I wish I spent more time reading books. I’m excited whenever I’m engrossed in a book and can’t wait to share it with a friend. I also feel like I’m a richer person when I read, especially when I’m learning something.
Sarah’s Key, by Tatiana De Rosnay, recently had a profound impact on me. The story begins as the French police are brutally arresting Jewish families in Paris in 1942, known as the Vel’ d’Hiv roundup. Sarah, a 10-year old girl, quickly instructs her little brother to hide in a secret cupboard in their home. She takes the key to the hiding place and promises she’ll be back in a few hours.
Brilliantly capturing the intensity of Sarah’s fear and pain as she desperately plots her return to free her brother, the chilling tale is interwoven with that of Julia Jarmond, an American journalist who is investigating the roundup in 2002. Julia stumbles onto a trail of family secrets linking her to Sarah, and to questions about her own future.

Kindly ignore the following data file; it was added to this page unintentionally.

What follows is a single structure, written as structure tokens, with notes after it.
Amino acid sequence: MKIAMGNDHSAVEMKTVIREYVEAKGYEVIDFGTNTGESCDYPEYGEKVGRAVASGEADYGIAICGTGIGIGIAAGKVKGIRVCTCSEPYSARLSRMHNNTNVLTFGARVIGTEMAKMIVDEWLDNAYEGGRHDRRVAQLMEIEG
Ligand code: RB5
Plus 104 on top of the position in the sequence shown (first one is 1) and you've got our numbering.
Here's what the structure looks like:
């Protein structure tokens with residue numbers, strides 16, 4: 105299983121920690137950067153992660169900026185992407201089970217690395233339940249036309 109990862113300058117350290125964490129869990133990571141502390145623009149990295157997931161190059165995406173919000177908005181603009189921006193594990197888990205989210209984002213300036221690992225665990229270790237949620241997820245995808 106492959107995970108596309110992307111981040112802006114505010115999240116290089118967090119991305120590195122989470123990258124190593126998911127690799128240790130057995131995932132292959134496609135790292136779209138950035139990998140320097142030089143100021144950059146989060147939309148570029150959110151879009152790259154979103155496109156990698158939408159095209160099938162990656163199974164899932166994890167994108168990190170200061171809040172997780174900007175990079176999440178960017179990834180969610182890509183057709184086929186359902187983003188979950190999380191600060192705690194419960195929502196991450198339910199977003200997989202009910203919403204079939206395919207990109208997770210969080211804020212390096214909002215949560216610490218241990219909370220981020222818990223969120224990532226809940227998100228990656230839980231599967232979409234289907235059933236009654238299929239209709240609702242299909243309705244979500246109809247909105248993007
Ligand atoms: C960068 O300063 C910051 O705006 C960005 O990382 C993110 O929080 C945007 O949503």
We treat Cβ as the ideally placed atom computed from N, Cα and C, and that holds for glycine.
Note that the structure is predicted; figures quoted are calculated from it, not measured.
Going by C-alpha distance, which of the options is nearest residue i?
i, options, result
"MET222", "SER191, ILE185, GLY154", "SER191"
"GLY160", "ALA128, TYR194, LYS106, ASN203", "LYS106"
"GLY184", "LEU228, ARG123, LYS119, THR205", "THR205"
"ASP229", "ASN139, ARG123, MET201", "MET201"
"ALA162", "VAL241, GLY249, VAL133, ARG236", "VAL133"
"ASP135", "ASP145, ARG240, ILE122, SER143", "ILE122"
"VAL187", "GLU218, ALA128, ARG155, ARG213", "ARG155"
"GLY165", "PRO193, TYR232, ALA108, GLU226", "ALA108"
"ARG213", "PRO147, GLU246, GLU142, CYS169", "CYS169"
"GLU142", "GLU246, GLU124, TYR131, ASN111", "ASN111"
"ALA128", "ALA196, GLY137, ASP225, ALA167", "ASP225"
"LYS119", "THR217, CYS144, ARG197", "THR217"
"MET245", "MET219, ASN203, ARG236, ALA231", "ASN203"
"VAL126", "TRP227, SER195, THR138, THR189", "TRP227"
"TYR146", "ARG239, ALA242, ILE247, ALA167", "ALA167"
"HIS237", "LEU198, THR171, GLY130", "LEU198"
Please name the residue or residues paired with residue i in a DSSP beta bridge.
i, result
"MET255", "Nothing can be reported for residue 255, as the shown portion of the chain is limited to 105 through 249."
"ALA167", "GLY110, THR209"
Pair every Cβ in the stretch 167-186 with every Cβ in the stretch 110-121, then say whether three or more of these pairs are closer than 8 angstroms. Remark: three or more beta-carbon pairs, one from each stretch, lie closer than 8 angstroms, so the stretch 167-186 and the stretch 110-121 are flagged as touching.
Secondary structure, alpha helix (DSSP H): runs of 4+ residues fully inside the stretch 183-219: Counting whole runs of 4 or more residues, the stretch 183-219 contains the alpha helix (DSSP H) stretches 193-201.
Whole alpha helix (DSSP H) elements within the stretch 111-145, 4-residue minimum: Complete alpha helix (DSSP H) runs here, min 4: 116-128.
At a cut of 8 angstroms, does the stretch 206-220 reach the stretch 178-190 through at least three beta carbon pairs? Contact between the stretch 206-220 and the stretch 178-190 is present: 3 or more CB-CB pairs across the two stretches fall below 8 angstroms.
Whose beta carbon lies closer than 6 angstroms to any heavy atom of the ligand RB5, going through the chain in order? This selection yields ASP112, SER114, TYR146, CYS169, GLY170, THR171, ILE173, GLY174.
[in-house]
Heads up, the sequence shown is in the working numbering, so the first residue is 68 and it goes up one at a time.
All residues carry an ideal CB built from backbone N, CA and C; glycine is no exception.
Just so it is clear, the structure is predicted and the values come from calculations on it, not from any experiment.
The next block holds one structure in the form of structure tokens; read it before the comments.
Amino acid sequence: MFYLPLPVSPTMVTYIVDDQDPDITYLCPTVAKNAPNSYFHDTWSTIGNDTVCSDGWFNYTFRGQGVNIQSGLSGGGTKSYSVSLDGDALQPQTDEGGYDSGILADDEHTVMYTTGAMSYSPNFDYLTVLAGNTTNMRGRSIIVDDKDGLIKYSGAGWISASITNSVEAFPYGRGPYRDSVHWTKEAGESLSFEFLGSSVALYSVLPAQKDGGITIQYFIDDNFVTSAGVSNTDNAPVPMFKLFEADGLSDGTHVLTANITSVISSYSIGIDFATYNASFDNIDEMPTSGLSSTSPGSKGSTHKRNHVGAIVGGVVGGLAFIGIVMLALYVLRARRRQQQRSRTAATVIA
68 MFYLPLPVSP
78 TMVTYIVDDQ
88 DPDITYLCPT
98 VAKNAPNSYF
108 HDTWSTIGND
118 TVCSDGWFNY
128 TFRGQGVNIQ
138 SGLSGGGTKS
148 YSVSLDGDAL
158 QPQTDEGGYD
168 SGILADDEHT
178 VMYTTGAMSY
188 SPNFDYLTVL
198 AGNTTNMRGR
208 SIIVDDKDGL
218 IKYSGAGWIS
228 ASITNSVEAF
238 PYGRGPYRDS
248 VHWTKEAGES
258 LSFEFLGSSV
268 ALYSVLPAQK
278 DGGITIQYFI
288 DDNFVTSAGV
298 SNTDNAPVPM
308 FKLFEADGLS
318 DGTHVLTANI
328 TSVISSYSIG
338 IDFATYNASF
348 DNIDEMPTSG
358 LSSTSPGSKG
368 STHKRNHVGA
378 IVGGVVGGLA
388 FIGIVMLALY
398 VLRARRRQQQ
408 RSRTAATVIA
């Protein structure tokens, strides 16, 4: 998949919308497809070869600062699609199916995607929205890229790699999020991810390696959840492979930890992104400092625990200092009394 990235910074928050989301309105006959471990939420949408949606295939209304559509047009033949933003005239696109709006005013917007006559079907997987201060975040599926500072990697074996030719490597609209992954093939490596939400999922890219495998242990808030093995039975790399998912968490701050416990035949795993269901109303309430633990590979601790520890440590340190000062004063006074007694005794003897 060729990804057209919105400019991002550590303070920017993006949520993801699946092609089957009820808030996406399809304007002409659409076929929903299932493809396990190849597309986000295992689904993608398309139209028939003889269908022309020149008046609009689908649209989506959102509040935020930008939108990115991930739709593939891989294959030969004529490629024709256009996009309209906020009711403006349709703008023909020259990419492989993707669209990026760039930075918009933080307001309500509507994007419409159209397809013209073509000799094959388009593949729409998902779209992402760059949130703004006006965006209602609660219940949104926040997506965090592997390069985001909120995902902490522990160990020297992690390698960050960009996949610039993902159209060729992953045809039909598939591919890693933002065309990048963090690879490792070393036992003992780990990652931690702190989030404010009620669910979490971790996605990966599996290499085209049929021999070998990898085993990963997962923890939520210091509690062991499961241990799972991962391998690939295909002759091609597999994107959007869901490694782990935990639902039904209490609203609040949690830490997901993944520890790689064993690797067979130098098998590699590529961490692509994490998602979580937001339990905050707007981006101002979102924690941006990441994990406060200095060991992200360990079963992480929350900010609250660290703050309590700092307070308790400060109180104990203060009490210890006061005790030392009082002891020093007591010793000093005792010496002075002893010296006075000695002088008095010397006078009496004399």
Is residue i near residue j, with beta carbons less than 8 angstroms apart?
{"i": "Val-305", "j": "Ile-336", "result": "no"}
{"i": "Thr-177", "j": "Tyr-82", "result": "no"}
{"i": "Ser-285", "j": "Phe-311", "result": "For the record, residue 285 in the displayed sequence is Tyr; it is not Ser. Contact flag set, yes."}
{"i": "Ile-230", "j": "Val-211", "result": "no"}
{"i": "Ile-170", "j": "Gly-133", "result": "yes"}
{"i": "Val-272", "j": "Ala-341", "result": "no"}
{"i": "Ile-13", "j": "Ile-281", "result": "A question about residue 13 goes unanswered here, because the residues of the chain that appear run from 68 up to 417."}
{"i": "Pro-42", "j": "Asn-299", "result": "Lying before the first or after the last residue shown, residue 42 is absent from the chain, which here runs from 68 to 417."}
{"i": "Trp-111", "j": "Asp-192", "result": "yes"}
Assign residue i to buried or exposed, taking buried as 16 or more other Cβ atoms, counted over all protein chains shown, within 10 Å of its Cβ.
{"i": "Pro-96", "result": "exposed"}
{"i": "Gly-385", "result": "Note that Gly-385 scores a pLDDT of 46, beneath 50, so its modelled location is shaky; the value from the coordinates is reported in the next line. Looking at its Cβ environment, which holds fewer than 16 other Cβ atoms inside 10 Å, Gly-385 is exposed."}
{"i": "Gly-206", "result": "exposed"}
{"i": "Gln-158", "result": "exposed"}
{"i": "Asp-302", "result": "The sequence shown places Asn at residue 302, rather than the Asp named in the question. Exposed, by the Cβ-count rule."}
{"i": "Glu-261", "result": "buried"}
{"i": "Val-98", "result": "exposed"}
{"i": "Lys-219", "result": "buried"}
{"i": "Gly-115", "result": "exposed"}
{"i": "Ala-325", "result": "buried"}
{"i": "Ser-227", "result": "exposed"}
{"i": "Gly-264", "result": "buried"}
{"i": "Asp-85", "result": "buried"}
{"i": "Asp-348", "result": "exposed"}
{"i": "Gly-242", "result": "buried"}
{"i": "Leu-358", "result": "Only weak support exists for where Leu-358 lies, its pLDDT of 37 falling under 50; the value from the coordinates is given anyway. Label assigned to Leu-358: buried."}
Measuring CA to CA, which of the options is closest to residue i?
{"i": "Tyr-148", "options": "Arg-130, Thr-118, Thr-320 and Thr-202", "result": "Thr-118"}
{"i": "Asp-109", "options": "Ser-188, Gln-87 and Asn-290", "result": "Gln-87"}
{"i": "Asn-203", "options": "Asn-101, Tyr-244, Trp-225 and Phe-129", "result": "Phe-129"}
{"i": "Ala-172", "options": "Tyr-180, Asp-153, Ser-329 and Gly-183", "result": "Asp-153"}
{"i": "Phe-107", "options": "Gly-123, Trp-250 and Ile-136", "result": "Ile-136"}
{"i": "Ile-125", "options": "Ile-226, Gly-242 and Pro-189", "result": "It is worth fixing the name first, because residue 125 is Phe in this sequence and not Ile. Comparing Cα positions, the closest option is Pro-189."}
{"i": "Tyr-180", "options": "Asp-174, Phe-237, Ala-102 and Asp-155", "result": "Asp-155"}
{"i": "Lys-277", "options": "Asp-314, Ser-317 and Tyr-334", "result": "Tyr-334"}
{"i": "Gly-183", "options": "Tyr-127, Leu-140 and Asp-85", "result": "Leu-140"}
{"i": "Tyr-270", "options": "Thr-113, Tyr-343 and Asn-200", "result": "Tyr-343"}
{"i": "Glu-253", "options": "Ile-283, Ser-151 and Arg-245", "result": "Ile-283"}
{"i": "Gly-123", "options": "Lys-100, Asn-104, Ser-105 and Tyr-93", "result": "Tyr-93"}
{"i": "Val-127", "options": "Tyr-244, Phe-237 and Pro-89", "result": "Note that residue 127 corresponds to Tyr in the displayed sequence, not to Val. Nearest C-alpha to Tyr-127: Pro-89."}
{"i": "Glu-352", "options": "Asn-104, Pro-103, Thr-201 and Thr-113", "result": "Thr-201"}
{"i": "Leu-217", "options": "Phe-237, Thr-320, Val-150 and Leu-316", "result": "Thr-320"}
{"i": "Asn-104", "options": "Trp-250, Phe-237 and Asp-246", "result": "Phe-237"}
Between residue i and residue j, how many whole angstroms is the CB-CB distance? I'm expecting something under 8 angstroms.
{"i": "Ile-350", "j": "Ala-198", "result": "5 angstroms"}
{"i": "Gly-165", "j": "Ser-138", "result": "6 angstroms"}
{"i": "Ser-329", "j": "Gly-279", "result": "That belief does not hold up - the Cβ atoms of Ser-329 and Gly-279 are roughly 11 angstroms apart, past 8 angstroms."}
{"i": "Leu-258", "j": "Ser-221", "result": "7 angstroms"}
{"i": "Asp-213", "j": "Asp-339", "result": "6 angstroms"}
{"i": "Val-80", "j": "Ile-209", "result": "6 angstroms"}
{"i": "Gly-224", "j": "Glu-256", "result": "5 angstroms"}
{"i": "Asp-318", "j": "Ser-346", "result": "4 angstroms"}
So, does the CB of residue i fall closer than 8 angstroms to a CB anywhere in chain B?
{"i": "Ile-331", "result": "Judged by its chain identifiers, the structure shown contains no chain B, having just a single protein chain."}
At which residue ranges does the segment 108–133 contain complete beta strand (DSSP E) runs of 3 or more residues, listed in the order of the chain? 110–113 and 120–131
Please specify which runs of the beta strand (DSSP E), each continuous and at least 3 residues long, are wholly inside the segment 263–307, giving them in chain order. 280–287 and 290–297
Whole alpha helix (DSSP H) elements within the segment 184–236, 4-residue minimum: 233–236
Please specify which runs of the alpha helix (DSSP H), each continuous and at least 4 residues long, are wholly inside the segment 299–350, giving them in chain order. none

Years ago, I formed a book group with close friends. We’d meet in my apartment after work (we’d try to come together once a month) and everyone would bring food and wine. It was glorious.
The group lasted about four years. Besides being together with women I adored, it gave me the impetus to read all the time.